Companies looking to interior design options that foster healthy employees, higher productivity

COURTESY: HENNEBERY EDDY ARCHITECTS - For its downtown Portland offices, Hennebery Eddy Architects tapped ceiling, furniture and floor strategies to help balance an open floor plan.

Employee health and well-being — and therefore higher productivity — are playing a greater role in interior design trends for workspaces ranging from public academic institutions to private corporate offices. And while the open-space plan isn't going away entirely, it is being modified to accommodate people's need for some privacy and quiet places to concentrate at work.

Ashley Nored, NCIDQ, LEED AP, an associate interior designer with Hennebery Eddy Architects, said that within the last year or so she has seen clients shift from wanting entirely open office plans to creating a few areas for quiet, individual work or group-oriented spaces for meetings and other collaborative work. These areas are strategically placed throughout the office to prevent a feeling of homogeny, she said.

"Another big trend, especially here in the Pacific Northwest, is using local talent in terms of craftsmanship," including producers of furniture, cabinets and countertops, artists and others who provide unique items that create a sense of character. "What we've always held near and dear to our heart is creating spaces that reflect the region," Nored said.

The shift away from entirely open office space is, in large part, because of acoustic concerns for many companies. Interior designers are being charged with providing unique solutions by using ceilings, furniture and walls to balance acoustics, among other strategies.

"A trend over the last several years and one that is hopefully not going away is that companies are realizing the importance of a healthy workspace, and acoustics is a big part of that," Nored said. "More companies are looking at the WELL Building Standard and the Fitwel standard, which go beyond LEED and are more focused on the human health aspect."

Alex Zimmer, LEED AP, NCIDQ, director of interior design for Soderstrom Architects, said glass phone and meeting rooms and private glazed offices are a few of the ways that the acoustics issue can be addressed in open workspaces. Shared work stations, activity-based group spaces, and break-out spaces continue to be essential interior elements for many companies.

"Moving forward, we are seeing those elements evolving. Rather than seeing the introduction of brand-new components, companies are striving to integrate their culture and values into the space in various ways," he said. "These ways include the implementation of hand-crafted components, moss walls, and nature-inspired graphics in fractal and geometric patterns."

Alan Gerencer, LEED AP, a principal at ZGF Architects, noted that interior design trends vary based on the company and industry, and very few companies are embracing the "extremes" of workplace design. As examples, he doesn't typically see companies integrating 100 percent agile seating or 100 percent assigned seating, and few clients want either entirely open space or all closed offices.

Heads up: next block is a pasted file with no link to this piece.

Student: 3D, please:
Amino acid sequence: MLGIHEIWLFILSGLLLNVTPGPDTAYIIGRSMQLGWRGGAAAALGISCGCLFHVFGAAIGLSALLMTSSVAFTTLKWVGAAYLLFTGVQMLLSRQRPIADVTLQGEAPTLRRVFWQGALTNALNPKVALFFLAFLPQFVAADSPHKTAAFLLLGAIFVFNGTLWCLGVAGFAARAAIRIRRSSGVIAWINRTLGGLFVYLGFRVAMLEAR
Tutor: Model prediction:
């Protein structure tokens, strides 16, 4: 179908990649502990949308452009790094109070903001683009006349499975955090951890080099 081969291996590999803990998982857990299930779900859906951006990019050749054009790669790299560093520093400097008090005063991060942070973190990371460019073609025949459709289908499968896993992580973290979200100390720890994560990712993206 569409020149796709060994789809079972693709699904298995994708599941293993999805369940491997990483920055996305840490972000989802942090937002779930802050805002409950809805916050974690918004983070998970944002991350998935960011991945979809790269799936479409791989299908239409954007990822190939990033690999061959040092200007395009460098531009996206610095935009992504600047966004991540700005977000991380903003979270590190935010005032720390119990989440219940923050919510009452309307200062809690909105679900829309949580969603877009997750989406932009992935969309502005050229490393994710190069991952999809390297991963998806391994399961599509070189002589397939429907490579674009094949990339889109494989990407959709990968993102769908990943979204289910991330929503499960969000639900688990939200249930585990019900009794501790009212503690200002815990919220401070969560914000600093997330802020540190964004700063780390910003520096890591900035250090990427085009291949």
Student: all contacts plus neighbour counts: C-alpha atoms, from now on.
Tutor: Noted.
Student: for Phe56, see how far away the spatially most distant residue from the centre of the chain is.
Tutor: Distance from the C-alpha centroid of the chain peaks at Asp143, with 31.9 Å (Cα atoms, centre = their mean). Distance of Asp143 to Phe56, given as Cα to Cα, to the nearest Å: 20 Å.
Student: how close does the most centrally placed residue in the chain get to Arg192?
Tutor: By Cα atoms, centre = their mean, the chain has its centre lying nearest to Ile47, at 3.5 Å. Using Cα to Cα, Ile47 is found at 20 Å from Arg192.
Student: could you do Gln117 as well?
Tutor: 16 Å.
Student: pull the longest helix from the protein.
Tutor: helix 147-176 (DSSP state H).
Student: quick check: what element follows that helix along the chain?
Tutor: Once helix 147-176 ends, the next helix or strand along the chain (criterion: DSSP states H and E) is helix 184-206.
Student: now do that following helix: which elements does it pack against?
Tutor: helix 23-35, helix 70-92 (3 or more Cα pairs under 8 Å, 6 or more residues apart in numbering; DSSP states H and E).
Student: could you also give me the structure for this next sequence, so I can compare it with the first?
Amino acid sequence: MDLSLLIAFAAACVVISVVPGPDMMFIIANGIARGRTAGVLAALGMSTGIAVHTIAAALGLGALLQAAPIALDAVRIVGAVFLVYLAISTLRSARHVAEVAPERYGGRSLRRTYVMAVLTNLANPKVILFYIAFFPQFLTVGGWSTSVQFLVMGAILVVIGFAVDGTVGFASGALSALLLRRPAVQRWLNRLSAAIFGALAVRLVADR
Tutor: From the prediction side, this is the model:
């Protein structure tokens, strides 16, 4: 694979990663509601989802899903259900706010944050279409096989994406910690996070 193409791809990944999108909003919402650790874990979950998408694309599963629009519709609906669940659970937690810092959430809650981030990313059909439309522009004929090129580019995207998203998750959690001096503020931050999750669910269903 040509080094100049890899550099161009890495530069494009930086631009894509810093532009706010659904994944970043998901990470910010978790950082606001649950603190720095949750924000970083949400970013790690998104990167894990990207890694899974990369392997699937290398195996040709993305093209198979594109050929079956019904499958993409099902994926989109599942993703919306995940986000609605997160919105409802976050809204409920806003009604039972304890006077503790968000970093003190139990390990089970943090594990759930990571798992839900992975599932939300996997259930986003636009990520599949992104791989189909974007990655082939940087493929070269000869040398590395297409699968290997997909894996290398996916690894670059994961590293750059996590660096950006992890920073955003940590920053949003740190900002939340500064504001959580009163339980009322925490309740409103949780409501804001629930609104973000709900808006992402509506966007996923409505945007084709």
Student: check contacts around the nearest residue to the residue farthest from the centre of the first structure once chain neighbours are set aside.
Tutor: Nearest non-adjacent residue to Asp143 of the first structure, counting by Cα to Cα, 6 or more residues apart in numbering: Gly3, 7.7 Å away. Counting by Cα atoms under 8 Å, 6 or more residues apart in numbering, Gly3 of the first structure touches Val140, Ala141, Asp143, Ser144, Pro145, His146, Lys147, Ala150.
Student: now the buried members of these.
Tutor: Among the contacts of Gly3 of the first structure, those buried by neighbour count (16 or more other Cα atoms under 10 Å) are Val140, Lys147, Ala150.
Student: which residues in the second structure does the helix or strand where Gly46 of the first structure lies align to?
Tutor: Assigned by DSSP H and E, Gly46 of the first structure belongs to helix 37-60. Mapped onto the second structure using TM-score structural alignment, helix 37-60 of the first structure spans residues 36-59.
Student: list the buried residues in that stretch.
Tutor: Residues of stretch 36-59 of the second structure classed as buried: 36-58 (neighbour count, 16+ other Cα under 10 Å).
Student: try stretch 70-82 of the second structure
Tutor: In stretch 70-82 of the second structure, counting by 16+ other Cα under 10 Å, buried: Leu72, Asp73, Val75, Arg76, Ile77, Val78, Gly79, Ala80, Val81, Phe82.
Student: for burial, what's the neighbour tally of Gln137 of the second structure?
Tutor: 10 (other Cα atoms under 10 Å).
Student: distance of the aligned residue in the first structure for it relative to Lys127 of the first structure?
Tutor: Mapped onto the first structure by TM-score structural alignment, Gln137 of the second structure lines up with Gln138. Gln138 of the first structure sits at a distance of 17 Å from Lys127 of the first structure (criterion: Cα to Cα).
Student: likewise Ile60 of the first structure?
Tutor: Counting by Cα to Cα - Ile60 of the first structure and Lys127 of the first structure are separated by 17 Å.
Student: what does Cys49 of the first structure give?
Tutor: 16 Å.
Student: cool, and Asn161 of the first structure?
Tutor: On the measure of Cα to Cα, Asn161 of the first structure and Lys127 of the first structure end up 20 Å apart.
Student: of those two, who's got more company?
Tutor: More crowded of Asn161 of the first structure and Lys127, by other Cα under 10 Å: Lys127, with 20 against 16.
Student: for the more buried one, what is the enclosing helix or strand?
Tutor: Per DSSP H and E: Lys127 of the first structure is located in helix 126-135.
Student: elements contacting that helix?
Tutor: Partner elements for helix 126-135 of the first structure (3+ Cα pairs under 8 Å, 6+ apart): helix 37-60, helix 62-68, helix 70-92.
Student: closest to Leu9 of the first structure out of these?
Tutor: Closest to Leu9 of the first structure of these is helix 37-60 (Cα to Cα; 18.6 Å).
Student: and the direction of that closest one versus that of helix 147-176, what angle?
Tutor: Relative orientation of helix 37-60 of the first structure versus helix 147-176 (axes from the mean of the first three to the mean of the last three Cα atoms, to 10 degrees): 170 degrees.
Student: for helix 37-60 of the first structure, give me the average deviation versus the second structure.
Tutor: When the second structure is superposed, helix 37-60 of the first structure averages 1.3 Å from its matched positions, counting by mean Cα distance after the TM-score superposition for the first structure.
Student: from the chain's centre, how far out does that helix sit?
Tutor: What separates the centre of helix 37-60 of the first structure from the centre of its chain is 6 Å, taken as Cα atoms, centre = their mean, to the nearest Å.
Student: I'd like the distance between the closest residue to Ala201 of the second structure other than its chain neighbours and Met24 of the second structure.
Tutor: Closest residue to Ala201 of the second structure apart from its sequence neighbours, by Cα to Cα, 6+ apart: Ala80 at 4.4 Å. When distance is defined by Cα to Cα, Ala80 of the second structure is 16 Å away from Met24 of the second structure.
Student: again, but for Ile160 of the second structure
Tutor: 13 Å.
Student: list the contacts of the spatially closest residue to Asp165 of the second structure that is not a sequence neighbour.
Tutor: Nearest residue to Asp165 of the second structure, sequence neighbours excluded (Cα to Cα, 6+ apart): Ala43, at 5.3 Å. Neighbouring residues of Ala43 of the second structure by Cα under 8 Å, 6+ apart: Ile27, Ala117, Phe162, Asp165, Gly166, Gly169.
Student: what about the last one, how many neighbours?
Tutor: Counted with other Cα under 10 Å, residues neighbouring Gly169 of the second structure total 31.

COURTESY: HENNEBERY EDDY - Open floor plans for company offices often create acoustics issues for employees, with interior designers usually handed the task of addressing the challenges.  Solutions may include features such as glass-walled phone and meeting rooms and private glazed offices.

An exception to that was Expensify. The tech company hired ZGF to renovate the First National Bank building downtown into office space with no workstations and 100 percent agile seating. Gerencer said the objective was to provide options, including seating at different scales that provide variances in light and access to daylight, levels of privacy, views and activity, and space that allows employees to sit, stand, perch or lie down.

"Most corporate design projects are a variation, but the common thread is flexibility. This can be flexibility in space or equipment, such as a variety of spaces to work, or the ability to change your workstation to fit a particular need that day," he said. "Flexible designs can also promote community and create opportunities for teamwork. Implementing design ideas that allow

casual meetings, one-on-one engagements and group gatherings can help employees cultivate relationships with one another. These opportunities for teamwork are

becoming paramount for design, as the

individual workstation is no longer

where some of the most important work happens."

Gerencer said brand is another significant driver in interior design. Employees want to experience their company's culture, and authentic brand experiences can help employees feel more connected to their workplace. The physical expression of a common mission within the work environment can boost pride and lead to higher productivity.

"As with most design drivers, there are extremes on either end of the scale, but subtle elegance is usually the most successful approach," he said. "The addition of new amenities is also emerging as a serious design consideration for many businesses to compete for employees. In some sectors, we are seeing an amenity warfare with a high priority being placed on amenity spaces as the competition increases to attract and retain top talent."

Gerencer pointed out that designing high-performance workplaces is a trend that is growing to encompass far more than sustainability in terms of long-lasting materials and finishes.

"Designers are looking at all aspects of design to increase health and improve the user experience," he said. "This can include features like circadian lighting to match the body's natural rhythms, or biophilic design strategies to evoke a greater connection to nature. The broader picture of high-performance design is creating environments that employees want to go to every day, versus have to."

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